Sheikh Hilaly had a point! or "if you've got a
right to walk around topless,
I've got a right to look"
Sheikh Hilaly had a Point!
In October 2008, Sheikh Al-Hilaly, the mufti of
Australia, got himself in a lot of trouble over
comments made in a sermon, where he allegedly said
that if a woman dresses provokatively and gets
sexually assaulted, it's her own fault!
Whether he really said this or not, the question
of public dress-codes and their effect on society
at large is a subject worthy of serious
He did have a point, didnt he? Did we miss
I thought the errant Sheikhs point was
that if girls are going around dressed like
strumpets, that theyre asking for trouble. If
so, hes raised an important subject in my
opinion, and one that needs to be discussed. And
Im not just saying that because Im a
father of a teenage daughter!
Of course, it may well be that the Sheikh said a
lot more than that. Indeed, he may have said way
too much, and I'm not going to try to defend him.
Even so, its about time we Australians took
an honest look at the effect that dress codes in
our culture (or the lack of them) have on our
society at large, and on the male segment of the
population in particular.
Were very quick in Australian society to
jump on the primitive standards of
Islamic communities, where women have to cover
themselves in public, at least in part to lower the
level of sexual temptation for men. We think it
crazy that women should be so restricted and we
cant see why men shouldnt be expected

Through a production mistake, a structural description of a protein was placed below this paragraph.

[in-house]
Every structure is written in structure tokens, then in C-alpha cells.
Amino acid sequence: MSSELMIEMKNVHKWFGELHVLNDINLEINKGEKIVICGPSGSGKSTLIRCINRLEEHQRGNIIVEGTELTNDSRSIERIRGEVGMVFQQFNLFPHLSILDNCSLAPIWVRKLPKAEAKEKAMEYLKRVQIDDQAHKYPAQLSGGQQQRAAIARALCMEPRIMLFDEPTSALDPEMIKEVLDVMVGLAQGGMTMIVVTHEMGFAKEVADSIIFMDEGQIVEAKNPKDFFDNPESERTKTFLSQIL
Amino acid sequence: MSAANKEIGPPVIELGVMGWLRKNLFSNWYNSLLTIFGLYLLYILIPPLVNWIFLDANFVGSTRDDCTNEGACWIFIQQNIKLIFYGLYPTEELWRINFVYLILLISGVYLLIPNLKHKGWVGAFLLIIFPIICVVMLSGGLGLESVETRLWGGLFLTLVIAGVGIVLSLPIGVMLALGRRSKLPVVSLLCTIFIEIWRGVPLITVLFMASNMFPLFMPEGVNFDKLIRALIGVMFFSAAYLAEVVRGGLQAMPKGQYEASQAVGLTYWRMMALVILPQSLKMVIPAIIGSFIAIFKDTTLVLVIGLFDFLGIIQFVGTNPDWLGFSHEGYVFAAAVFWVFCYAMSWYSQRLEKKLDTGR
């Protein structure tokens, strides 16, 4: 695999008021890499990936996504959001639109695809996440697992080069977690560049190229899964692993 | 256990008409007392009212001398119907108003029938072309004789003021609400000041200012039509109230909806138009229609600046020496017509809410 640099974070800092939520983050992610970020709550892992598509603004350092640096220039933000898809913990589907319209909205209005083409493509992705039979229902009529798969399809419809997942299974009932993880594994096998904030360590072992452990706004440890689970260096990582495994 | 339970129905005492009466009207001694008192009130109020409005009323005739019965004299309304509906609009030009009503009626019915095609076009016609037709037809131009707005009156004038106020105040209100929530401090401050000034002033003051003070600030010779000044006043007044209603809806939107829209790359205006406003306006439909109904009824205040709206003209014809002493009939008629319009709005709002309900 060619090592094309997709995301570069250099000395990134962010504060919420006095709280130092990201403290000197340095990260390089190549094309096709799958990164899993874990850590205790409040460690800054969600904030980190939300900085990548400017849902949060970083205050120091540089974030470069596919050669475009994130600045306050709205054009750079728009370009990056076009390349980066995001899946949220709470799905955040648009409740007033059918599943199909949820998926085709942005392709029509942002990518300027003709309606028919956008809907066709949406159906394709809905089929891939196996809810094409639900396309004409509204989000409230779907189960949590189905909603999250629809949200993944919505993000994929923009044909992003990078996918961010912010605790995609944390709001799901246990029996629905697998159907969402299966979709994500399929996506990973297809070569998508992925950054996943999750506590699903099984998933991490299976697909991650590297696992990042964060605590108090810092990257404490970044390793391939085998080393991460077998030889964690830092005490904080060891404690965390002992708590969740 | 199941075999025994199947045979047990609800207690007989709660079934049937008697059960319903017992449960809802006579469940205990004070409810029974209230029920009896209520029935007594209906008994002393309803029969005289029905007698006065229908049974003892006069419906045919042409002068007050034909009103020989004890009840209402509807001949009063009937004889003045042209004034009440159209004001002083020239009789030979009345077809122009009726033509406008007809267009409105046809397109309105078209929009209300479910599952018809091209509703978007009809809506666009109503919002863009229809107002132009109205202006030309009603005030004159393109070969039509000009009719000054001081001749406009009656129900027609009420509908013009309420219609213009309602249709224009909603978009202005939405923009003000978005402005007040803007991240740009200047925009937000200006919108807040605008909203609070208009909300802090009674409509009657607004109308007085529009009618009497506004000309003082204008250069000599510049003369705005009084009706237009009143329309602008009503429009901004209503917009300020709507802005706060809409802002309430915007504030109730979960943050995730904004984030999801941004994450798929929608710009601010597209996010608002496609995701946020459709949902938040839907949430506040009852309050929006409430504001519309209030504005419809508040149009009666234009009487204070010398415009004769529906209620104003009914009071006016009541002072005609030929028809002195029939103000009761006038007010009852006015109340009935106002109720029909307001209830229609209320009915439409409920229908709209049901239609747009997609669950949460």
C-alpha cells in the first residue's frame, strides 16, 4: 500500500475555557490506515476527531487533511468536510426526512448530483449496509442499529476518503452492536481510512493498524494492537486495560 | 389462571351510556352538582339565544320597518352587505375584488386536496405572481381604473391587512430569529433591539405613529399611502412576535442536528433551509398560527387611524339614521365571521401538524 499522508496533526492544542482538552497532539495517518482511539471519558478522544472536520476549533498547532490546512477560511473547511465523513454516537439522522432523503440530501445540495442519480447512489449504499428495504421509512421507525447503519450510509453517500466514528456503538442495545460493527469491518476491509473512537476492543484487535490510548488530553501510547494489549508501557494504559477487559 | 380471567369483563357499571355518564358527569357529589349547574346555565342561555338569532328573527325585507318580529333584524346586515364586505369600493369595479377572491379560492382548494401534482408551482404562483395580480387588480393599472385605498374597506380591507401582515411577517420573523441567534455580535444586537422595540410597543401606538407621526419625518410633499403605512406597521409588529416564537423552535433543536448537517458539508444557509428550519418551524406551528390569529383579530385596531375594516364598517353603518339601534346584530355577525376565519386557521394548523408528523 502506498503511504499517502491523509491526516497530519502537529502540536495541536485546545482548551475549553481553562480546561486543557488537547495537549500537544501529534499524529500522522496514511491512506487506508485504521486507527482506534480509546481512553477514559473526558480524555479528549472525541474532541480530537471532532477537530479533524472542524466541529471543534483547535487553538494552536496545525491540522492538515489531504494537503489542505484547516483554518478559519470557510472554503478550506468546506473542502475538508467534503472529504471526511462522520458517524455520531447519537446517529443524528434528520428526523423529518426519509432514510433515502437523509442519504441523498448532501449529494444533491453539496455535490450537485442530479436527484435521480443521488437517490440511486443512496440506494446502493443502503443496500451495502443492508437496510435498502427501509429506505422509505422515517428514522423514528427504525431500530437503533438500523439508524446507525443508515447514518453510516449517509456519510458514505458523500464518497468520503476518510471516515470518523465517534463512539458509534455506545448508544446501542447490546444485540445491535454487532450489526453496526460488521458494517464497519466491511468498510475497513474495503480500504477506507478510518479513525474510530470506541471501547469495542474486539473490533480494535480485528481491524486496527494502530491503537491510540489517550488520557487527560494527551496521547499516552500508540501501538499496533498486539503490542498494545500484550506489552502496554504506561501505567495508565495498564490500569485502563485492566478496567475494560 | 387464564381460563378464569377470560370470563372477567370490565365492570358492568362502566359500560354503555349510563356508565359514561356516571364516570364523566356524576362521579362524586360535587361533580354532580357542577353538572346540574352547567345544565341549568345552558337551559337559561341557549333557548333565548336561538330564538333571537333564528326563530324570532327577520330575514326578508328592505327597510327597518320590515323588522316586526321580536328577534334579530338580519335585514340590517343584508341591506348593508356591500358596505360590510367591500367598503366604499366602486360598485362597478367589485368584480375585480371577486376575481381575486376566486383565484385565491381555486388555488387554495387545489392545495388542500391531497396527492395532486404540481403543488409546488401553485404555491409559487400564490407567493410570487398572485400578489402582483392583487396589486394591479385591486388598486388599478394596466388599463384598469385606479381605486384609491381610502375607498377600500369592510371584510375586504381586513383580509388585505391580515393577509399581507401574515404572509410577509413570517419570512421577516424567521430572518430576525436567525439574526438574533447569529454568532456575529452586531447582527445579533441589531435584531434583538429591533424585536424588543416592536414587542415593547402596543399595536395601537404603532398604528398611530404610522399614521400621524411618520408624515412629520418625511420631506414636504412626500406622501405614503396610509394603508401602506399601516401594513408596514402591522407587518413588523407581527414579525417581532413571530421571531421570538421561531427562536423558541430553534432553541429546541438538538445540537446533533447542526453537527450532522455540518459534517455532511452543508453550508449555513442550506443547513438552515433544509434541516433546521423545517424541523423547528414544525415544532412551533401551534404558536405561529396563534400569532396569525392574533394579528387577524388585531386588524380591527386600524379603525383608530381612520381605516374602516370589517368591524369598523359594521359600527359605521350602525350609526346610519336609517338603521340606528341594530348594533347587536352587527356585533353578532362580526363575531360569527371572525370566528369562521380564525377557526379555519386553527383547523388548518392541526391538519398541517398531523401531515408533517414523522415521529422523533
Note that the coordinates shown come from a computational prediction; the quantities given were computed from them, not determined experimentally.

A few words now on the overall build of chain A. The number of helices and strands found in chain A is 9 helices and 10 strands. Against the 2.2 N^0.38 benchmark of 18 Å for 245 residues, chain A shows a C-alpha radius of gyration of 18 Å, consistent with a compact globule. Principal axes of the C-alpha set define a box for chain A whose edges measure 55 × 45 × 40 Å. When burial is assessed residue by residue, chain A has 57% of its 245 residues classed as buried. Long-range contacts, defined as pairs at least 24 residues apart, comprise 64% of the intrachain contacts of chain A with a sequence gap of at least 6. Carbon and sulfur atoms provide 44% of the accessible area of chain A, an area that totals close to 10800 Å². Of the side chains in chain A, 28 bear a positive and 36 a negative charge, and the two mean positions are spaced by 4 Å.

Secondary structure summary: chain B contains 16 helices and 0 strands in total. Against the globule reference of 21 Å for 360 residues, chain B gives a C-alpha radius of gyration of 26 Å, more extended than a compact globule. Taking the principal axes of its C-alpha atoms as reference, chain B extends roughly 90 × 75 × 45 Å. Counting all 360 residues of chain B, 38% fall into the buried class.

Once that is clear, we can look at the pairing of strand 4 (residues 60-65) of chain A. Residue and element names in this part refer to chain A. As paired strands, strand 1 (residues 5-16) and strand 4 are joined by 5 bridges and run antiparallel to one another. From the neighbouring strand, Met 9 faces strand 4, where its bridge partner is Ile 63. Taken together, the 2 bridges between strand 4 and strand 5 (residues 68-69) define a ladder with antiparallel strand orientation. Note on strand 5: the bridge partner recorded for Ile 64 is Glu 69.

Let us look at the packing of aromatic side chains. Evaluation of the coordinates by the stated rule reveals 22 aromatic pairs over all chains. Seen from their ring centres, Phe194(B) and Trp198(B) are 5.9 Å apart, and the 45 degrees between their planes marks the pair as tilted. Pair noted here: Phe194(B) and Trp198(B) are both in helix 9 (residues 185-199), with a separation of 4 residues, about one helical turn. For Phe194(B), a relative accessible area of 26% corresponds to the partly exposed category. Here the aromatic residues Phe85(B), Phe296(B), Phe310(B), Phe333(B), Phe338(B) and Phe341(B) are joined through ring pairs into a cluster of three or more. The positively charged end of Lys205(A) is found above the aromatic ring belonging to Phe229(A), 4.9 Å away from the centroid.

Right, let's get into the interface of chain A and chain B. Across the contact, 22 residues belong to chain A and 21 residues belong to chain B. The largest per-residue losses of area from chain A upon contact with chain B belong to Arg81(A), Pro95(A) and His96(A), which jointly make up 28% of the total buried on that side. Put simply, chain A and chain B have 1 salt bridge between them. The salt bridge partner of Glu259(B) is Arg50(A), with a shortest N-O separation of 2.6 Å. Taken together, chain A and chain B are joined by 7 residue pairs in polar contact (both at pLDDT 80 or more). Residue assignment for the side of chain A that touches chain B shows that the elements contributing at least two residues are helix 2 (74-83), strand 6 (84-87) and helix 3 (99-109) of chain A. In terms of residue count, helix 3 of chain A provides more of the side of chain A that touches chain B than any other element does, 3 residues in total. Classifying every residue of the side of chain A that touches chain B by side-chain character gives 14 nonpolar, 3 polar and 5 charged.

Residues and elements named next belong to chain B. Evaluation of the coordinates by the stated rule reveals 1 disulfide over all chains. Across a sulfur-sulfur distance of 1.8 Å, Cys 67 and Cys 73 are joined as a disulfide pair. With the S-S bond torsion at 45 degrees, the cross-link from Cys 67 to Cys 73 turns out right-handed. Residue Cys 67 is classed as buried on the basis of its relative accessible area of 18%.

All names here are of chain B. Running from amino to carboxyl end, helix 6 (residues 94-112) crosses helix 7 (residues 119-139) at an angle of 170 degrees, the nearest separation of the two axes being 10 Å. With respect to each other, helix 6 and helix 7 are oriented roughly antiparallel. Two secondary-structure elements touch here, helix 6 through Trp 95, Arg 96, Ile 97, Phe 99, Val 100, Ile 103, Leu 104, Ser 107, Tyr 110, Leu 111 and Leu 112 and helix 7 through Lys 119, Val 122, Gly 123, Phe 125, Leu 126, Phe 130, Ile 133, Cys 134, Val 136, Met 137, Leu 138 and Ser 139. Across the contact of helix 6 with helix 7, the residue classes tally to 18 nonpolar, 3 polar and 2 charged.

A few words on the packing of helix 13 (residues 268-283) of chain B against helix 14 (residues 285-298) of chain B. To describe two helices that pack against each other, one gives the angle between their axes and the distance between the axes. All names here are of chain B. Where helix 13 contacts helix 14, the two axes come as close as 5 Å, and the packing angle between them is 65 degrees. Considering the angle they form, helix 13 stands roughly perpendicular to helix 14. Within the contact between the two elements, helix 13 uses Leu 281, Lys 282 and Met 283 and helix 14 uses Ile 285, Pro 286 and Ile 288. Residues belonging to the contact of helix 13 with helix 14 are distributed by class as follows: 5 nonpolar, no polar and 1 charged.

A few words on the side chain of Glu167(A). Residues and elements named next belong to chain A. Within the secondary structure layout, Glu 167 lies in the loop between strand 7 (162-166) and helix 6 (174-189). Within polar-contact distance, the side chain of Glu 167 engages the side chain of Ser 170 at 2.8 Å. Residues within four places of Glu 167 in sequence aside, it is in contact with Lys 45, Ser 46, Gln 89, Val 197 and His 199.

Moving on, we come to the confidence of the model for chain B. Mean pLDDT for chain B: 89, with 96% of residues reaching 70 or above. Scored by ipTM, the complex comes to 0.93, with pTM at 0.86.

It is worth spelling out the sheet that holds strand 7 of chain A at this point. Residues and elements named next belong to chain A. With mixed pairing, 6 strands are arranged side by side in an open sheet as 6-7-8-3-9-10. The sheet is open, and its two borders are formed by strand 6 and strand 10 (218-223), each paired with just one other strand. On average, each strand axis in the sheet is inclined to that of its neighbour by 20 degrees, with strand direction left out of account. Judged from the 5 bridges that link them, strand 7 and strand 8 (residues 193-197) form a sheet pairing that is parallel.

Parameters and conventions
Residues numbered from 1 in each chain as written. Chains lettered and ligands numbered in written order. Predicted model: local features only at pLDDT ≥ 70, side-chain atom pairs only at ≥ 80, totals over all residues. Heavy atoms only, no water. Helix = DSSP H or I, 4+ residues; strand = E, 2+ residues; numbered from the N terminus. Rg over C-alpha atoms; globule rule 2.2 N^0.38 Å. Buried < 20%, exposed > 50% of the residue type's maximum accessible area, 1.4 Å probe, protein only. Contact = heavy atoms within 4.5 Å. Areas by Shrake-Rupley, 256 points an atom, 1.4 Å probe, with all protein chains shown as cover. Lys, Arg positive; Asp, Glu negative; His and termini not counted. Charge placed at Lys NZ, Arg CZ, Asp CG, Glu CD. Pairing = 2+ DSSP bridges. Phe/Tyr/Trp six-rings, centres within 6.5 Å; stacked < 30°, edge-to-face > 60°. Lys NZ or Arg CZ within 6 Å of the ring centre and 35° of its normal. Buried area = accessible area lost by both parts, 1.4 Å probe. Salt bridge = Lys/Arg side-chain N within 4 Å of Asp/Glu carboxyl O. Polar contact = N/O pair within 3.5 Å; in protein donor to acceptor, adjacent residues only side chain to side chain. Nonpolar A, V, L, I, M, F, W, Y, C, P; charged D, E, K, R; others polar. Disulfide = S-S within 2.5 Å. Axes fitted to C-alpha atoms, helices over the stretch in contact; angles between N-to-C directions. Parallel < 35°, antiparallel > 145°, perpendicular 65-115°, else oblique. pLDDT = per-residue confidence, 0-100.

to simply take responsibility for showing
self-control. In my opinion though, the system has
a solid logic to it.
The logic goes like this: The community as a
whole recognises the potentially destructive force
of the male sex drive - destroying individuals,
families and the community at large. Therefore both
men and women and the government take
responsibility for curtailing these destructive
effects. Men are taught to pray and to take cold
showers when tempted. Women, for their part, cover
themselves in public. And the government does its
bit by legislating the death penalty for all
OK. Its a brutal logic, and Im not
expecting it to capture the imagination of the
Australian public, but youve gotta admit that
the system makes sense. What doesnt make
sense is our Western system, where women can dress
and flirt and present themselves in public as they
please, and men are expected to pretend that it
doesnt affect them.
A few weeks ago I was taking my younger children
to a movie. I guess it was because I was bending
down a little to deal with one of the kids that
when I pivoted around I almost fell headfirst into
the cleavage of the young girl standing behind me.
Frankly though, it was an obstacle that was hard to
avoid. She must have been all of 18, wearing her
push-up bra, putting her best assets proudly on
display to the rest of the world, in a way that
didnt leave a lot to the imagination.
Now, given that this is the acceptable standard
in our culture, you might think that a rational
response in that situation would be for me to
compliment the girl by saying,
Congratulations on your fabulous boobs,
luv!, to which shed reply, Why
thanks. I was hoping that people would
notice, though shed probably add,
though it wasnt really you I was hoping
Something along those lines would make sense, at
any rate. What doesnt make sense is how, in
our culture, Im expected to pretend that I
It doesnt make sense. She wants men to
look, but the mans responsibility is not to
look. Shes hoping to drive the guys wild with
her sexual allure, but woe betide the male who
wolf-whistles or makes some comment that suggests
that she has had exactly the effect on him that she
was trying to have.
I remember seeing a Leunig cartoon some years